Because we all have different values, it’s hard to determine what success means from person to person. Take this hypothetical example: would a middle age, unmarried CEO be considered more successful than a newly-wed entering the job market? Maybe… maybe not.

Before we can become successful, we must understand our own values. These pillars of success are often associated with personal life, health, finance, etc. So, we ask ourselves what our dreams and aspirations are? Once we’ve decided on what we want, we can begin setting goals.

Focus on both the big picture and the small picture. If the long-term goal is to have a high-paying job, drive a Jaguar and have a happy relationship, then the short-term goal must be to develop a skillset, apply for work and get your butt out and meet someone. Small achievable goals will keep your morale high, while the larger achievements such as graduation, promotions and first dates can be inspirational and motivating.

Make a list, prioritize and stay true to what you want. Picking your battle is the first step to success.

Create Deadlines for Yourself

Now that you have your goals in mind, be sure to set some deadlines—after all, life is short.

Every once in a while, you’ll step into an interview or be caught in a conversation where someone will ask you what your five-year goal is. You should always be prepared for the answer; after all, nobody else can answer it for you.

Carrying on with the relatable example of being rich and loved: You have recognized that you need a skill set, therefore you must get an education. Say to yourself, “In five years time, I’ll be graduated from an institution with hireable qualities. A year later, I’ll get an entry level job. After putting in a few more years, I’ll climb the ladder to upper management. In 10 years time, I’ll be able to afford that luxury vehicle I wanted.”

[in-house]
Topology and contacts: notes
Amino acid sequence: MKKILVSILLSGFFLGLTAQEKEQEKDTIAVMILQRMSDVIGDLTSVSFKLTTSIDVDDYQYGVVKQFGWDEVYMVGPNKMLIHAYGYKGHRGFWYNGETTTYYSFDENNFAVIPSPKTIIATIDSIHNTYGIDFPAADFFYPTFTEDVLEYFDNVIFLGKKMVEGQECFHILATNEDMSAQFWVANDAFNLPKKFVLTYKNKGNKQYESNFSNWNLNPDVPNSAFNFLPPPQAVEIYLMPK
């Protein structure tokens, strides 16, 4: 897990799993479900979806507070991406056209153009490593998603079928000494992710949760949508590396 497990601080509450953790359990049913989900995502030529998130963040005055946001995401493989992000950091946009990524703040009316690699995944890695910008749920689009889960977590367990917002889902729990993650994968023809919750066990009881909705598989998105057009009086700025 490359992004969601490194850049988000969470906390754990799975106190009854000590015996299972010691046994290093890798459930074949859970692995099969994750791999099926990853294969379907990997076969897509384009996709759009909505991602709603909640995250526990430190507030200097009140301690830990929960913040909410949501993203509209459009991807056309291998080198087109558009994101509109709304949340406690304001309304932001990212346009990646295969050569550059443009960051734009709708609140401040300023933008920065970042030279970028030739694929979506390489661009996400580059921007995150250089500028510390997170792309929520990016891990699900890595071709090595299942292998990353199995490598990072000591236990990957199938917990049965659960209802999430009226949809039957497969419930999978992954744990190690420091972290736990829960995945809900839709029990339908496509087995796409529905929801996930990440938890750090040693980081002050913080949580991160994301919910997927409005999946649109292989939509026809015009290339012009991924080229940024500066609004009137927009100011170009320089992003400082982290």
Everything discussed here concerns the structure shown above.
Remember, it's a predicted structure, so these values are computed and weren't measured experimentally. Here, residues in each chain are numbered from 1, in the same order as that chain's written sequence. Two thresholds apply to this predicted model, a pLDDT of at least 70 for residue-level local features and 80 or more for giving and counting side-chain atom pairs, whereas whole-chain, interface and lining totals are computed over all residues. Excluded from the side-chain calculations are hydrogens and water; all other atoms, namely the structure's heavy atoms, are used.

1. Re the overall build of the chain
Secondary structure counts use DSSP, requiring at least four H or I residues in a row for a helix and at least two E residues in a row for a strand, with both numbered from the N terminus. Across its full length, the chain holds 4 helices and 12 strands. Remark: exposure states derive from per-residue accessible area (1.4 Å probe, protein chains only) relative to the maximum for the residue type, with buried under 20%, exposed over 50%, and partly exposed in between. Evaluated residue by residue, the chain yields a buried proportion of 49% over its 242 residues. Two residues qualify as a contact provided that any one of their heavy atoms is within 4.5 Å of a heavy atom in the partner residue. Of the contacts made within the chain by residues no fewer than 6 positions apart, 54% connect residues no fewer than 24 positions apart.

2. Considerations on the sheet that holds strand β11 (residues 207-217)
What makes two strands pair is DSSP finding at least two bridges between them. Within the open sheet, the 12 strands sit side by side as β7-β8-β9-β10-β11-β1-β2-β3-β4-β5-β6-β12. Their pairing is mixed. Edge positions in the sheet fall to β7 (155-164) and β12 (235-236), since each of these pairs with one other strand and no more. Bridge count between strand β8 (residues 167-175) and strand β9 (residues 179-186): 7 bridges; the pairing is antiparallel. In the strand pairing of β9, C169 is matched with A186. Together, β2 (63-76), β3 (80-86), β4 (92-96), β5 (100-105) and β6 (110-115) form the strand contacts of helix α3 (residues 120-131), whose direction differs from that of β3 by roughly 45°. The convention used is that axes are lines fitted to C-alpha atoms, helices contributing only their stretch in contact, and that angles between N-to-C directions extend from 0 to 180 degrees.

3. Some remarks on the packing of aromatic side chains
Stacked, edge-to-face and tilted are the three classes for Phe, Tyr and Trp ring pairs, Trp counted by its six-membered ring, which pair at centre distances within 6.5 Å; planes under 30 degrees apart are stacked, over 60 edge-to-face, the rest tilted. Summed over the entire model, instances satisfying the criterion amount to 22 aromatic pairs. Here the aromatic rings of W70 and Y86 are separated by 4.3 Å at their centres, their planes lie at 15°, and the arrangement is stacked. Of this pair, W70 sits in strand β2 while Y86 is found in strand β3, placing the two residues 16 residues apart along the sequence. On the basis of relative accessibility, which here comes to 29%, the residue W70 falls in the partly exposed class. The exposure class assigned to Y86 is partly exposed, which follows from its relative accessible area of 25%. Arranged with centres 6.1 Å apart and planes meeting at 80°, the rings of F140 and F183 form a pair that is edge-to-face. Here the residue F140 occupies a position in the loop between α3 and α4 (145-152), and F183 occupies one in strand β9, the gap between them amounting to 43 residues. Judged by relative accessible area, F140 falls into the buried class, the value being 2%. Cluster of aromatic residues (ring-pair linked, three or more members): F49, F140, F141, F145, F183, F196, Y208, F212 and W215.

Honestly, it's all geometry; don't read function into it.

Give it a try. Create your own deadlines. And take care of yourself in the future, as well as the present.

List Your Accomplishments

After you have put some focus on your tomorrow, be sure to take some time to remember the yesterdays.

For each milestone reached, you should reward yourself—celebrate! Take a break to look back at how far you’ve come and assess everything, including your follies and what you’ve learned from them. Be honest with yourself and recognize the errors as well as your triumphs.

Share these momentous occasions with supporters and peers. They understand where you’re coming from and they are cheering for you to get where you are going. In other words, they are your little fan club. If they were there for you during the rough times, be sure to invite them to the good times. It doesn’t have to be a big elaborate ceremony in your honour. A nice dinner at home or a night out at the bar will absolutely suffice… for now.

Remember that life is like a mosaic. You’ll lay some dark pieces and some bright pieces in a seemingly random fashion, but be sure to step back occasionally and see your progress.

Always Plan for Success

Before the big game, athletes are taught to visualize success. The same positive thinking can be implemented in all sorts of situations—it doesn’t have to be sport-related.

Imagine yourself doing well in an exam, an interview or a date and it’ll give you confidence to do so. The possibility of failure hasn’t changed, but your mindset has.

Alternatively, to visualize failure is to demoralize. It’ll zap all your energy and leave you weak when comes time to perform. So, always plan for success! The reason you set goals for yourself is because you’re aiming to achieve them, not so they can knock you down and defeat you.

You’ve heard it once, you’ve heard it many times—and I guess you’ll hear it from me again: As long as you’re persistent, then you’re well on your way to success. You’ve set your goals, you’ve made deadlines and you’ve taken the time to appreciate your journey, and not just the destination. So, with all that being said, it’ll be a matter of time before you’re riding off into the sunset in your sleek new car.